Menu

What to do with assets if there are no family survivors?

Home Estate Planning What to do with assets if there are no family survivors?

  • Avatar bean1970 
    Participant
    Status: Physician
    Posts: 550
    Joined: 07/12/2017

    it is not only that you all perish at once, but outlive successor heirs. Both my great-grandparents outlived both their children for instance (my grandmother died at age 40 (colon cancer) and my great uncle age 33 (leukemia, likely naval WWII occupational exposure related). This stuff happens…..

    ours is written it all goes to the local humane society shelter. All of it. just easy….i had debated PBS…i always wanted to be that family mentioned  at the end of a documentary… “and brought to you by the …..crazy family trust……”

     

    #150499 Reply
    Avatar Roentgen 
    Participant
    Status: Physician
    Posts: 75
    Joined: 03/02/2018

    Just went through the whole estate planning document refresh this past year – what a pain.  We also stalled out on the question of “what if we all die as a family simultaneously in a car wreck – where does the money go?”  My parents and siblings are all fine financially, and as it turns out my close friends have rich parents, so it would be pointless and/or encourage destructive behaviors to leave it to family or close friends.  Ultimately, my wife and I decided where the money would go by answering the question “What people or organizations have had the biggest positive influence on my life, where if they hadn’t been in my life my life would have been clearly worse?” and then listing them as the remainder beneficiaries.  I think I listed one scholarship fund and two organizations that fundamentally changed the arc of my life for the better, and my wife came up with three or four people.

    As our attorney pointed out though, the chance of that particularly “simultaneous death/no living children” scenario is extremely remote.

    #150530 Reply
    Avatar Neuro-doc 
    Participant
    Status: Physician
    Posts: 177
    Joined: 02/16/2017

    We just signed our most recent wills and other estate documents last week.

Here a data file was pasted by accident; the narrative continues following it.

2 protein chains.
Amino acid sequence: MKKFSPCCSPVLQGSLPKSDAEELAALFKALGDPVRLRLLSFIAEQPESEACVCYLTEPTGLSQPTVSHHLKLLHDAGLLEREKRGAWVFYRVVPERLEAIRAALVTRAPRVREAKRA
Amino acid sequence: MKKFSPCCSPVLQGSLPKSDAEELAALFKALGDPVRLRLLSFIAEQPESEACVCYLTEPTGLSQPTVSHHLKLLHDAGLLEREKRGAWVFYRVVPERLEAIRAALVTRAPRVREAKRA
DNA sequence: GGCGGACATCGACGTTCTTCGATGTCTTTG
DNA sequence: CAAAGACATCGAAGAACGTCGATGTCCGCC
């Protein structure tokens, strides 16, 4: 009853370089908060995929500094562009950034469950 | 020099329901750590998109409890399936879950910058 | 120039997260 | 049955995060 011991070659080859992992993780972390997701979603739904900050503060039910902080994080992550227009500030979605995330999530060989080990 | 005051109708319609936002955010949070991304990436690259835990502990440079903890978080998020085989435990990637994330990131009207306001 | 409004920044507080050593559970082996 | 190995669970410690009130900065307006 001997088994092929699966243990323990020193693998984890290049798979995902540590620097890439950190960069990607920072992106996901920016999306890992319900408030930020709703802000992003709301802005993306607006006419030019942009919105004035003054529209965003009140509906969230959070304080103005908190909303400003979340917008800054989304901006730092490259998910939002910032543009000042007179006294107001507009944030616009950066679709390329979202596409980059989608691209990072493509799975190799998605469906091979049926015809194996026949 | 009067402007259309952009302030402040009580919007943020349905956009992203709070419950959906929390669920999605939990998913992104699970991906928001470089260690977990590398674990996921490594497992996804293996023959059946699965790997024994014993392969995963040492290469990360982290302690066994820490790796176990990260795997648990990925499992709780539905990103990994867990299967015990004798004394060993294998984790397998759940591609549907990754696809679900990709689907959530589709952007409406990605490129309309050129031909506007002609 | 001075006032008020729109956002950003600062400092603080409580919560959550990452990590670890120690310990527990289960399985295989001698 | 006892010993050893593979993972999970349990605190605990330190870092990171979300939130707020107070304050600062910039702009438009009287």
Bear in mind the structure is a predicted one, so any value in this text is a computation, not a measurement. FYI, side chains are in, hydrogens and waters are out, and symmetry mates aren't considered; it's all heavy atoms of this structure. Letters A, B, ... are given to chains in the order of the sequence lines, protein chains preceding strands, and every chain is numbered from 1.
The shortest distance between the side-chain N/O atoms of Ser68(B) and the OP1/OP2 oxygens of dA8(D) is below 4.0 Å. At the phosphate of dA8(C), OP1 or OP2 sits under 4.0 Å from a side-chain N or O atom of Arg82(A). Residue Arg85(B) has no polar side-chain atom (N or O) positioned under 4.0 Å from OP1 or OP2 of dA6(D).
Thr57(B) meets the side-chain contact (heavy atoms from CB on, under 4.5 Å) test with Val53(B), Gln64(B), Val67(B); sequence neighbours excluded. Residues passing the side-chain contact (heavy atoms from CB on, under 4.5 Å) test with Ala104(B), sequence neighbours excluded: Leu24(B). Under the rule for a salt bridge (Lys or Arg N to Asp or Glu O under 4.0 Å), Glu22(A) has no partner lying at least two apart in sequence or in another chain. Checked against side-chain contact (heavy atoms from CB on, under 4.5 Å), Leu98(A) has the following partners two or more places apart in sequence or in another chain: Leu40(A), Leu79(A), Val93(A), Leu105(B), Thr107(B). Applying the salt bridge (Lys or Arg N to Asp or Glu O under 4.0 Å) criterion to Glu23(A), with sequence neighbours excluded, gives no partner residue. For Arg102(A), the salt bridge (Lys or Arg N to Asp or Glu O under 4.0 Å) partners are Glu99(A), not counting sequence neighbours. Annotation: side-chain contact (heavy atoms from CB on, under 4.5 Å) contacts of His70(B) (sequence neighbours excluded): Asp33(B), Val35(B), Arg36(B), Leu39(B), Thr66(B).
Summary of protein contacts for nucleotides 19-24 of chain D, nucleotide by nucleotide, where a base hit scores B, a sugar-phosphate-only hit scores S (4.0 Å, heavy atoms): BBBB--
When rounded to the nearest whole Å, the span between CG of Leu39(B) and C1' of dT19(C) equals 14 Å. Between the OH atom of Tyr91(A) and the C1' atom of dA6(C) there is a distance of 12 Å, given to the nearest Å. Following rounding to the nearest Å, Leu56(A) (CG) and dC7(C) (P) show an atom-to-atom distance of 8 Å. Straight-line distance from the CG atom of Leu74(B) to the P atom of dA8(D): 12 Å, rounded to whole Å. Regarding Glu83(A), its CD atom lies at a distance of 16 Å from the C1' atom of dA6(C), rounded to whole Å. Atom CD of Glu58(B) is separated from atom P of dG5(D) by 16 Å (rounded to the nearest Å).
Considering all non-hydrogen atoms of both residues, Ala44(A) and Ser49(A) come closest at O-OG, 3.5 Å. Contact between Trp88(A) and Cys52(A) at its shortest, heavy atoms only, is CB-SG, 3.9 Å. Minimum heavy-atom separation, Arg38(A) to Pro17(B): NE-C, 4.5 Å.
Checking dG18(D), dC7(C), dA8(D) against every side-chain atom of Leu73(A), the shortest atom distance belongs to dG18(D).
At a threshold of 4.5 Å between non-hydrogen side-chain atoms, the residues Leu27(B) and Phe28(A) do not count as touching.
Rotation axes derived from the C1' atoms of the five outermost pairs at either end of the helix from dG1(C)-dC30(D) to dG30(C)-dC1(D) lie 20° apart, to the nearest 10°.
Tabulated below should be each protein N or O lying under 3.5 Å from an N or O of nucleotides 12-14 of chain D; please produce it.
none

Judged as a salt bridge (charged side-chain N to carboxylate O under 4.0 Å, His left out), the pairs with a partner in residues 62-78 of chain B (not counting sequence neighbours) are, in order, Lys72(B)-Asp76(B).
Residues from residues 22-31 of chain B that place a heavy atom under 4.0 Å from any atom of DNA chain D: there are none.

we listed one charity to receive our entire estate in the event of a whole family catastrophe. We didn’t give that clause too much thought, because now that our children are twenty-somethings, the chance of one incident wiping out our whole family is becoming less likely.

    The issue that caused us the greatest concern was how our kids should inherit our assets if both my wife and I were to die. We weren’t comfortable with twenty-somethings suddenly coming into multiple millions, and so we went with a 25 – 30 – 35 year old disbursement and some additional trust provisions.

    We were left with the impression that our wills are too complicated, and we hope that we will live another few years so that we can (a) spend a large portion of our estate while we are still alive, (b) hope that our children became financially mature enough that we can just leave our assets to them without involving complicated trusts etc, and (c) live long enough to rewrite simpler wills in another 10-15 years.

    #150655 Reply
    q-school q-school 
    Participant
    Status: Physician
    Posts: 2629
    Joined: 05/07/2017

    We just signed our most recent wills and other estate documents last week.

    we listed one charity to receive our entire estate in the event of a whole family catastrophe. We didn’t give that clause too much thought, because now that our children are twenty-somethings, the chance of one incident wiping out our whole family is becoming less likely.

    The issue that caused us the greatest concern was how our kids should inherit our assets if both my wife and I were to die. We weren’t comfortable with twenty-somethings suddenly coming into multiple millions, and so we went with a 25 – 30 – 35 year old disbursement and some additional trust provisions.

    We were left with the impression that our wills are too complicated, and we hope that we will live another few years so that we can (a) spend a large portion of our estate while we are still alive, (b) hope that our children became financially mature enough that we can just leave our assets to them without involving complicated trusts etc, and (c) live long enough to rewrite simpler wills in another 10-15 years.

    Click to expand…

    That’s how my will is set up.  Who gave you the idea it was too complicated?

    #150675 Reply

Reply To: What to do with assets if there are no family survivors?

In case of a glitch or error, please save your text elsewhere, clear browser cache, close browser, open browser and refresh the page.

Notifications Mark all as read  |  Clear